math3dpositioncoordinatesprediction# How to find the interception coordinates of a moving target in 3D space?

Assuming I have a spaceship (`source`

); And an asteroid (`target`

) is somewhere near it.

I know, in 3D space (XYZ vectors):

- My ship's
*position*(`sourcePos`

) and*velocity*(`sourceVel`

). - The asteroid's
*position*(`targetPos`

) and*velocity*(`targetVel`

).

(eg. `sourcePos`

= [30, 20, 10]; `sourceVel`

= [30, 20, 10]; `targetPos`

= [600, 400, 200]; `targetVel`

= [300, 200, 100]`)

I also know that:

- The ship's
*velocity*is*constant*. - The asteroid's
*velocity*is*constant*. - My ship's projectile
*speed*(`projSpd`

) is*constant*. - My ship's projectile
*trajectory*, after being shot, is*linear*(*/straight*).

(eg. `projSpd`

= 2000.00)

How can I calculate the interception coordinates I need to shoot at in order to hit the asteroid?

Notes:

This question is based on this Yahoo - Answers page.

I also searched for similar problems on Google and here on SO, but most of the answers are for 2D-space, and, of the few for 3D, neither the explanation nor the pseudo-codes explain what is doing what and/or why, so I couldn't really understand enough to apply them on my code successfully. Here are some of the pages I visited:

Danik Games Devlog, Blitz3D Forums thread, UnityAnswers, StackOverflow #1, StackOverflow #2

I really can't figure out the maths / execution-flow on the linked pages as they are, unless someone dissects it (further) into what is doing what, and why;

Provides a properly-commented pseudo-code for me to follow;

Or at least points me to links that actually explain how the equations work instead of just throwing even more random numbers and unfollowable equations in my already-confused psyche.

Solution

I find the easiest approach to these kind of problems to make sense of them first, and have a basic high school level of maths will help too.

Solving this problem is essentially solving 2 equations with 2 variables which are unknown to you:

- The vector you want to find for your projectile (
`V`

) - The time of impact (
`t`

)

The variables you know are:

- The target's position (
`P0`

) - The target's vector (
`V0`

) - The target's speed (
`s0`

) - The projectile's origin (
`P1`

) - The projectile's speed (
`s1`

)

Okay, so the 1st equation is basic. The impact point is the same for both the target and the projectile. It is equal to the starting point of both objects + a certain length along the line of both their vectors. This length is denoted by their respective speeds, and the time of impact. Here's the equation:

```
P0 + (t * s0 * V0) = P1 + (t * s1 * V)
```

Notice that there are two missing variables here - `V`

& `t`

, and so we won't be able to solve this equation right now. On to the 2nd equation.

The 2nd equation is also quite intuitive. The point of impact's distance from the origin of the projectile is equal to the speed of the projectile multiplied by the time passed:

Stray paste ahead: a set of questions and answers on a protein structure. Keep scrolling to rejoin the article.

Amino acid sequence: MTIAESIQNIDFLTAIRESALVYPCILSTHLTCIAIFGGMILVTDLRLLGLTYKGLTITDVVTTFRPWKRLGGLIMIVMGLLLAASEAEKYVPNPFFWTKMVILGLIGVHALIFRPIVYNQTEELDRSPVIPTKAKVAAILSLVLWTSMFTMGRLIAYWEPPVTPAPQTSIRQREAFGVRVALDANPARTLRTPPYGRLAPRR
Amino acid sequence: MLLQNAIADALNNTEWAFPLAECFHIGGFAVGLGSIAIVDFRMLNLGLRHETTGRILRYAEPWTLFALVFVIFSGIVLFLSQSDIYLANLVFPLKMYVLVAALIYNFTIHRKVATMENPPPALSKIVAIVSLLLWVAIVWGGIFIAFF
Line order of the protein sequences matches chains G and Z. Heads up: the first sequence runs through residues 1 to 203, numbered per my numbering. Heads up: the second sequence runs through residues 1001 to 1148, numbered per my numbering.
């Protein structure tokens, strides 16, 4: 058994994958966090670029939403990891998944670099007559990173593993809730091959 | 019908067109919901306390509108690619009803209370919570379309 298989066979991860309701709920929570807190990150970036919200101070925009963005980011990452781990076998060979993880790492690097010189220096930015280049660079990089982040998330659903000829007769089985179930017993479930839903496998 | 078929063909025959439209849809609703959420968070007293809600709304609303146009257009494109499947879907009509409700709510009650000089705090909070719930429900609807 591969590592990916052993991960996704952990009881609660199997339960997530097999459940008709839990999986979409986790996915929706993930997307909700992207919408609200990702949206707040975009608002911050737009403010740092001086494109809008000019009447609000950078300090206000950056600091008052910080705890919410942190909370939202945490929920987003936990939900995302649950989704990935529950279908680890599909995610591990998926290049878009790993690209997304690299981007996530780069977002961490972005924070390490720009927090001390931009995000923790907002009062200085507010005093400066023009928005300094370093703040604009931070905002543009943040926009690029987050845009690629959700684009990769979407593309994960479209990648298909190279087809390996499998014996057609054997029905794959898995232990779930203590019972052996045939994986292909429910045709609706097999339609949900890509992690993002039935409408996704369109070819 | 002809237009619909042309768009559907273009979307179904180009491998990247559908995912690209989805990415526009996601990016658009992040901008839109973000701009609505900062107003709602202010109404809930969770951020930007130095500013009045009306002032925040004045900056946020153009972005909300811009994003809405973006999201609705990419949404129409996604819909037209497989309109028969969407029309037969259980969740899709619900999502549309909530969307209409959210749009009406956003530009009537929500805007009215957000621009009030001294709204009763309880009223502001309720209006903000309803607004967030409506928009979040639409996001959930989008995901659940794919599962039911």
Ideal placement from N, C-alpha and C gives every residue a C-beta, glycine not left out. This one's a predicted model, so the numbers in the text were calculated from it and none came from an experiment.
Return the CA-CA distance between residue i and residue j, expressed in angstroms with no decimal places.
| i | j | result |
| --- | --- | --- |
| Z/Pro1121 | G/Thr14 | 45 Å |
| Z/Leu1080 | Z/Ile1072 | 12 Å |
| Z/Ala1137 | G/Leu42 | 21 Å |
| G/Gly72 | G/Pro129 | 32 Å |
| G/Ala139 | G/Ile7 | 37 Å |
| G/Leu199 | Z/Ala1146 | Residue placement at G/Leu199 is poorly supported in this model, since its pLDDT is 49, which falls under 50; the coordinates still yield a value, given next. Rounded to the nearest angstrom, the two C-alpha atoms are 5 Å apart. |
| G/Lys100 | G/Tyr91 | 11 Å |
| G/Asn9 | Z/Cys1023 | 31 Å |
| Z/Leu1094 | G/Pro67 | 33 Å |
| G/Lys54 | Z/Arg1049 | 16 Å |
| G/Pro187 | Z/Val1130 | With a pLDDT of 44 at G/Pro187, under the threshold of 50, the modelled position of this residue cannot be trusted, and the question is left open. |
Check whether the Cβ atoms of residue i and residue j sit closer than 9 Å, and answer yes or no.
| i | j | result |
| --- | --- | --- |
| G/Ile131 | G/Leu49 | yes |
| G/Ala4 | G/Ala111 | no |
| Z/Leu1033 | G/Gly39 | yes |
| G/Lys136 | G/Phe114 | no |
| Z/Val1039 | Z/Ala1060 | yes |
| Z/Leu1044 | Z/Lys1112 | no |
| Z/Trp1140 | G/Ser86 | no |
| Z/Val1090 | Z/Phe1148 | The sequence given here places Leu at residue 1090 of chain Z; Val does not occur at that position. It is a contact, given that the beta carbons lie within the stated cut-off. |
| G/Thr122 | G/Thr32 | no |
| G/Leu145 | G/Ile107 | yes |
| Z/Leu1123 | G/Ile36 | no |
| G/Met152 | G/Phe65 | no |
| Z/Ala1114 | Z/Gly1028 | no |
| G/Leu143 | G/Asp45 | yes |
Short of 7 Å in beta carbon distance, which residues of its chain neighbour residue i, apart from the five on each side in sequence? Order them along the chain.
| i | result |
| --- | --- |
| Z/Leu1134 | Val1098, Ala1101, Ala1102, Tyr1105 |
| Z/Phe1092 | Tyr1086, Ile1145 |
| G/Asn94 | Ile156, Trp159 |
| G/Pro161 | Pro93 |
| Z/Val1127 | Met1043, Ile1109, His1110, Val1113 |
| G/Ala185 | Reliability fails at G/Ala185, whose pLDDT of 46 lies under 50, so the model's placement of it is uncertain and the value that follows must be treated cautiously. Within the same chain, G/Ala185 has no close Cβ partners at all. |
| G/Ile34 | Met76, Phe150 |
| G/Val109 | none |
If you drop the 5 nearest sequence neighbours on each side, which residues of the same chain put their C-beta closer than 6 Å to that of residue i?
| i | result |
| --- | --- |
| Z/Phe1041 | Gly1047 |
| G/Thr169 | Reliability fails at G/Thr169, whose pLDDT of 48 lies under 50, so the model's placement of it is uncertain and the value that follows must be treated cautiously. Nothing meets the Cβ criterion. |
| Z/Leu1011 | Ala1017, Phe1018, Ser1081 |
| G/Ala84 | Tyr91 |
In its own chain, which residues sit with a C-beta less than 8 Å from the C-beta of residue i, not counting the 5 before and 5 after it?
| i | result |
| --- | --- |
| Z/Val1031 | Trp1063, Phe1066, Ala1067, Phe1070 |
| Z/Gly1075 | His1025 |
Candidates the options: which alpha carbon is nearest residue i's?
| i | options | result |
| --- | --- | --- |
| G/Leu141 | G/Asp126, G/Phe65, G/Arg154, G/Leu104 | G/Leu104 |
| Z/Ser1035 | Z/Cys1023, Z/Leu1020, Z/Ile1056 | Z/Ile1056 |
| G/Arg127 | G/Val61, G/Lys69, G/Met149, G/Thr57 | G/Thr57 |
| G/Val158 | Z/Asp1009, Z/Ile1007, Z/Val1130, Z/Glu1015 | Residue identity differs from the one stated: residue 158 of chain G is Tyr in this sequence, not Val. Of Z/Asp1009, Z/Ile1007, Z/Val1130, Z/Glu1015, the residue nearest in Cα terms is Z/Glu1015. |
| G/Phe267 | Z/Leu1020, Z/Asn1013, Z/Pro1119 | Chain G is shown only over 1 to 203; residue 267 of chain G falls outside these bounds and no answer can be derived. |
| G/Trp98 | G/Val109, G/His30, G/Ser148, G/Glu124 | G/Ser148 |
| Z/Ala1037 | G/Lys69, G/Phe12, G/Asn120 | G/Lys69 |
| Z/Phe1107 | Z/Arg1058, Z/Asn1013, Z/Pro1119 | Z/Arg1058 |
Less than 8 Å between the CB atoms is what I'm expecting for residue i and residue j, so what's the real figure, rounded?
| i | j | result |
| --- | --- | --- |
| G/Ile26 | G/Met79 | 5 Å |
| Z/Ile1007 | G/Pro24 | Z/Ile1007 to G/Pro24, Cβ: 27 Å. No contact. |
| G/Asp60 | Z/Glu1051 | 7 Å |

We'll take a mathematical expression of the point of impact from the 1st equation:

```
P0 + (t * s0 * V0) <-- point of impact
```

The point of origin is `P1`

The distance between these two must be equal to the speed of the projectile multiplied by the time passed `(distance = speed * time)`

.

The formula for distance is: `(x0 - x1)^2 + (y0 - y1)^2 = distance^2`

, and so the equation will look like this:

```
((P0.x + s0 * t * V0.x) - P1.x)^2 + ((P0.y + s0 * t * V0.y) - P1.y)^2 = (s1 * t)^2
```

(You can easily expand this for 3 dimensions)

Notice that here, you have an equation with only ONE unknown variable: `t`

!. We can discover here what `t`

is, then place it in the previous equation and find the vector `V`

.

Let me solve you some pain by opening up this formula for you (if you really want to, you can do this yourself).

```
a = (s0 * V0.x * V0.x) + (s0 * V0.y * V0.y) - (s1 * s1)
b = 2 * ((P0.x * s0 * V0.x) + (P0.y * s0 * V0.y) - (P1.x * s0 * V0.x) - (P1.y * s0 * V0.y))
c = (P0.x * P0.x) + (P0.y * P0.y) + (P1.x * P1.x) + (P1.y * P1.y) - (2 * P1.x * P0.x) - (2 * P1.y * P0.y)
t1 = (-b + sqrt((b * b) - (4 * a * c))) / (2 * a)
t2 = (-b - sqrt((b * b) - (4 * a * c))) / (2 * a)
```

Now, notice - we will get 2 values for `t`

here.

One or both may be negative or an invalid number. Obviously, since `t`

denotes time, and time can't be invalid or negative, you'll need to discard these values of `t`

.

It could very well be that both `t`

's are NaN or negative (in which case, the projectile cannot hit the target since it's faster and out of range). It could also be that both `t`

's are valid and positive, in which case you'll want to choose the smaller of the two (since it's preferable to hit the target sooner rather than later).

```
t = smallestWhichIsntNegativeOrNan(t1, t2)
```

Now that we've found the time of impact, let's find out what the direction the projectile should fly is. Back to our 1st equation:

```
P0 + (t * s0 * V0) = P1 + (t * s1 * V)
```

Now, `t`

is no longer a missing variable, so we can solve this quite easily. Just tidy up the equation to isolate `V`

:

```
V = (P0 - P1 + (t * s0 * V0)) / (t * s1)
V.x = (P0.x - P1.x + (t * s0 * V0.x)) / (t * s1)
V.y = (P0.y - P1.y + (t * s0 * V0.y)) / (t * s1)
```

And that's it, you're done!
Assign the vector `V`

to the projectile and it will go to where the target will be rather than where it is now.

I really like this problem since it takes math equations we learnt in high school where everyone said "why are learning this?? we'll never use it in our lives!!", and gives them a pretty awesome and practical application.

I hope this helps you, or anyone else who's trying to solve this.

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